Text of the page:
Straddling the line between art film and supernatural chiller, but lacking the off-kilter imagination that allows Polanski to infuse everyday scenes with a profound sense of dread, Swedish director Pål Sletaune’s slow-burning psychological thriller often threatens to sputter out.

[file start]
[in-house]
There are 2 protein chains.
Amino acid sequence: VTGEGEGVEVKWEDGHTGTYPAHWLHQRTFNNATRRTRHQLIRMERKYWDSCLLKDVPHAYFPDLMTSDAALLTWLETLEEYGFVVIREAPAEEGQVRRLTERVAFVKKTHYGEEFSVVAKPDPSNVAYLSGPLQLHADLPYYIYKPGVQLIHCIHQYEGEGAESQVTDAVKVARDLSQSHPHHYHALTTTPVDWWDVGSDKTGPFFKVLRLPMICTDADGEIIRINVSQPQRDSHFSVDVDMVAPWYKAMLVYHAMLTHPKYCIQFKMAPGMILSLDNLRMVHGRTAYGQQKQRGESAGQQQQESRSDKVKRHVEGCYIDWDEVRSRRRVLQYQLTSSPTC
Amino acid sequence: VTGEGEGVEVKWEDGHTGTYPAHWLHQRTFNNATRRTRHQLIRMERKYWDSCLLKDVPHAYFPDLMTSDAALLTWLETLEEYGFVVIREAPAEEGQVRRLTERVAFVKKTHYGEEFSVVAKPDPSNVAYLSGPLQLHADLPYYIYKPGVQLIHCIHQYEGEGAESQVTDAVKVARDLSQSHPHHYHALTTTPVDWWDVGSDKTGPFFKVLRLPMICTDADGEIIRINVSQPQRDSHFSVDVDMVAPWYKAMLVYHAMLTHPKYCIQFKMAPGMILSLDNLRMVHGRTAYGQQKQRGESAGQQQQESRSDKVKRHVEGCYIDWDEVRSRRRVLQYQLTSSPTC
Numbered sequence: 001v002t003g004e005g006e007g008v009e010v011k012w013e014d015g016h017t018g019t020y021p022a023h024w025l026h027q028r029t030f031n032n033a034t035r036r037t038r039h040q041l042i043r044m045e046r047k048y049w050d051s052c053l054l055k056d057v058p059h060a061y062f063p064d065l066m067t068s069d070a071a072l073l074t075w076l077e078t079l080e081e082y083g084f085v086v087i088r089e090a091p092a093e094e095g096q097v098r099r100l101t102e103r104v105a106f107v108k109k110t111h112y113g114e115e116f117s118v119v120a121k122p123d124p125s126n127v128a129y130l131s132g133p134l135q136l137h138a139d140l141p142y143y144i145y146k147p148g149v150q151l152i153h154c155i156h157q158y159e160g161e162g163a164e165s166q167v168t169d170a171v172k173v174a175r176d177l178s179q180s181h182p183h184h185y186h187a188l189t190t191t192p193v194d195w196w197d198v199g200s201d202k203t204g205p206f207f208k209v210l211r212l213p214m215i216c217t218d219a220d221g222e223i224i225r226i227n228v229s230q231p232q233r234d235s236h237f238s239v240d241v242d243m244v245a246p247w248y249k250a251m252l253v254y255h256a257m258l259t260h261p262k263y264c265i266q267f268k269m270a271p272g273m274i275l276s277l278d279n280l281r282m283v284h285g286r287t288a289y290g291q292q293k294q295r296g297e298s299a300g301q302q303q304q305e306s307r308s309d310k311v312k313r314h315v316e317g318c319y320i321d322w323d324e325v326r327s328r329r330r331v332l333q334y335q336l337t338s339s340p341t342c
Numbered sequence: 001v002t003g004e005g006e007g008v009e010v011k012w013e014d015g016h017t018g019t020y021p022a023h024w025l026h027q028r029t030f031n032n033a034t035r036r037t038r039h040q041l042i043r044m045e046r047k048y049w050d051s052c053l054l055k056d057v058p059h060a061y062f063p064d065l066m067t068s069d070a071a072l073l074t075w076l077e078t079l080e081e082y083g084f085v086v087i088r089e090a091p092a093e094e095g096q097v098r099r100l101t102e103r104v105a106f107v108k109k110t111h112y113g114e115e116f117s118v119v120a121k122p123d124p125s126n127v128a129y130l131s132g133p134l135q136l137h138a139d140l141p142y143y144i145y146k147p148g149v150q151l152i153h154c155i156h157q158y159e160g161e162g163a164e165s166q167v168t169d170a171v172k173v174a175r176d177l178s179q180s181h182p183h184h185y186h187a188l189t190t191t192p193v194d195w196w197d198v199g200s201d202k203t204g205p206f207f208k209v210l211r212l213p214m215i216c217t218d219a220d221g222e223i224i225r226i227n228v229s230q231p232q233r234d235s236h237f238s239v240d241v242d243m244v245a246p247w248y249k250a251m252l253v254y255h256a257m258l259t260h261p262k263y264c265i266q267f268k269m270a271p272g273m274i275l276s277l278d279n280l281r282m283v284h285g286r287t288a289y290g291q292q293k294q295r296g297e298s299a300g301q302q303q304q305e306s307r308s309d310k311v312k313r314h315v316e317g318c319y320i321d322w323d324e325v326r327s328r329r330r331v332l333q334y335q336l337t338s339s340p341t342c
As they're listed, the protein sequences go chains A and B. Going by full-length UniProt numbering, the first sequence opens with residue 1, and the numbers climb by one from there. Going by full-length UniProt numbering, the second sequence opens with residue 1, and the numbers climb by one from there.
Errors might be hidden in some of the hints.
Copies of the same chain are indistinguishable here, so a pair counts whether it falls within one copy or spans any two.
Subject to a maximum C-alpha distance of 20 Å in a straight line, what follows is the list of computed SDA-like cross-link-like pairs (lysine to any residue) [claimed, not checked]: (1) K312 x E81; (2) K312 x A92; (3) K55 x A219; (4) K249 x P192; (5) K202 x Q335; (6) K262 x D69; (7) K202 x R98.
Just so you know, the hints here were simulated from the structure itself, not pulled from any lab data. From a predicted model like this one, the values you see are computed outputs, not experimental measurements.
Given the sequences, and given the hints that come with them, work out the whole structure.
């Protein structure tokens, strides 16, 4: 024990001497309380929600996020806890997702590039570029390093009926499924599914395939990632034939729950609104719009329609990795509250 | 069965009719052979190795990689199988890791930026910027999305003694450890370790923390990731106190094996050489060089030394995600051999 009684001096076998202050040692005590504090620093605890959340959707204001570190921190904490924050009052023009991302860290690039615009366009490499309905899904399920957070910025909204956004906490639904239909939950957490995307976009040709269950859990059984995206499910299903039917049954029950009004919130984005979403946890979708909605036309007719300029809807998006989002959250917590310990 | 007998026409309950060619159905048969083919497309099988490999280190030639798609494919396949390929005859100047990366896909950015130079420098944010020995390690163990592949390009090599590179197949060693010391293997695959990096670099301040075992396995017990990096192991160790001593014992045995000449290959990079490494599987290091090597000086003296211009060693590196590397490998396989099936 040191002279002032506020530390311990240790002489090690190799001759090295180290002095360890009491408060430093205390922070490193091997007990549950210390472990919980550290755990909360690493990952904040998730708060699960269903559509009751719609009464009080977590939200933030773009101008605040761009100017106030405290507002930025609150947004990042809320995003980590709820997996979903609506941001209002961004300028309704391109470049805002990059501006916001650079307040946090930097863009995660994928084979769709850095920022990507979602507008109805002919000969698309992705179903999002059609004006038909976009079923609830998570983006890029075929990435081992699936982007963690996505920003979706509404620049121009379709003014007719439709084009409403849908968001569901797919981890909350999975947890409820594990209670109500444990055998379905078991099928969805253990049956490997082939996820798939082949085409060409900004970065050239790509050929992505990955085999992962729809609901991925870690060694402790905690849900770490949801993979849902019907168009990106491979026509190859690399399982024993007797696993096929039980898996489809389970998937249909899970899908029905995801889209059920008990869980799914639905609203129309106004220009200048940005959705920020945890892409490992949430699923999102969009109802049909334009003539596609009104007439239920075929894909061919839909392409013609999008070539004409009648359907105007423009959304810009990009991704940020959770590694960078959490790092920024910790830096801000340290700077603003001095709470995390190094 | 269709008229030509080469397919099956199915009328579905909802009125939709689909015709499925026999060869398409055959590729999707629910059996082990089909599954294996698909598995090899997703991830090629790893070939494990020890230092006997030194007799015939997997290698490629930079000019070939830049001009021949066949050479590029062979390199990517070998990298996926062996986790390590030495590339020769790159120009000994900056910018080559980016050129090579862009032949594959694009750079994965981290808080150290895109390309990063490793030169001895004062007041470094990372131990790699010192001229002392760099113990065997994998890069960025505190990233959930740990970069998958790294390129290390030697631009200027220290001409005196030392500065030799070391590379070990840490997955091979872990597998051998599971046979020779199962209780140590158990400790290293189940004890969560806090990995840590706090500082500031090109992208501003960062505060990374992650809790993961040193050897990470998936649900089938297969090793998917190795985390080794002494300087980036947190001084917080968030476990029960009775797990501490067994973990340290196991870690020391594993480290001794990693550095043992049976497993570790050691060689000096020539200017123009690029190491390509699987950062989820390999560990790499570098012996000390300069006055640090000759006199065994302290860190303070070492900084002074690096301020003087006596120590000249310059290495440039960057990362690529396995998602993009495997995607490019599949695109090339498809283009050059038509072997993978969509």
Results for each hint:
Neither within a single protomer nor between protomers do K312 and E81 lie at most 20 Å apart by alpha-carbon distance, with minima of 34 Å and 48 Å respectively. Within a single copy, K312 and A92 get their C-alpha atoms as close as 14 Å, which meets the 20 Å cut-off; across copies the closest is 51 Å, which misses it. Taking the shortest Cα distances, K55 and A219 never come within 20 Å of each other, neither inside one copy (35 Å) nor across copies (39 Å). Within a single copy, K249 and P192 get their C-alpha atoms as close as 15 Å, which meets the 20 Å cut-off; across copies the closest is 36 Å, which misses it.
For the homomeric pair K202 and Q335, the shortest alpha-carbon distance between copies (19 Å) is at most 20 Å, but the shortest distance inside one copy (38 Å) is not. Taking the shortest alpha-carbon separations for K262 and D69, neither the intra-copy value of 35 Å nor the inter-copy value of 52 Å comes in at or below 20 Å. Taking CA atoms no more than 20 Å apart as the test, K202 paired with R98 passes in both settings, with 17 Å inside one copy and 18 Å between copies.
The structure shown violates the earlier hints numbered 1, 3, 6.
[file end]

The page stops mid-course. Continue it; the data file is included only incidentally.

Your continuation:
Fanning the flames of our interest is a sympathetic, low-key performance by Noomi Rapace (Lisbeth Salander in ‘The Girl with the Dragon Tattoo’, pictured), cast here as Anna, a mousey single mother in hiding from her abusive husband. Isolated in a Stockholm apartment, Anna is obsessed with protecting her eight-year-old son from everyone: a new school friend, his unsympathetic teachers, interfering social workers. So, with an already shaky grip on reality, when she hears phantom screams on a baby monitor, Anna doubts her sanity. Her tentative friendship with shy mummy’s boy Helge (Kristoffer Joner) offers a sliver of hope, but Anna’s mind is shattering. Throughout, Sletaune tends to hedge his supernatural bets, so it’s the naturalistic intensity of Rapace’s performance that stays with us.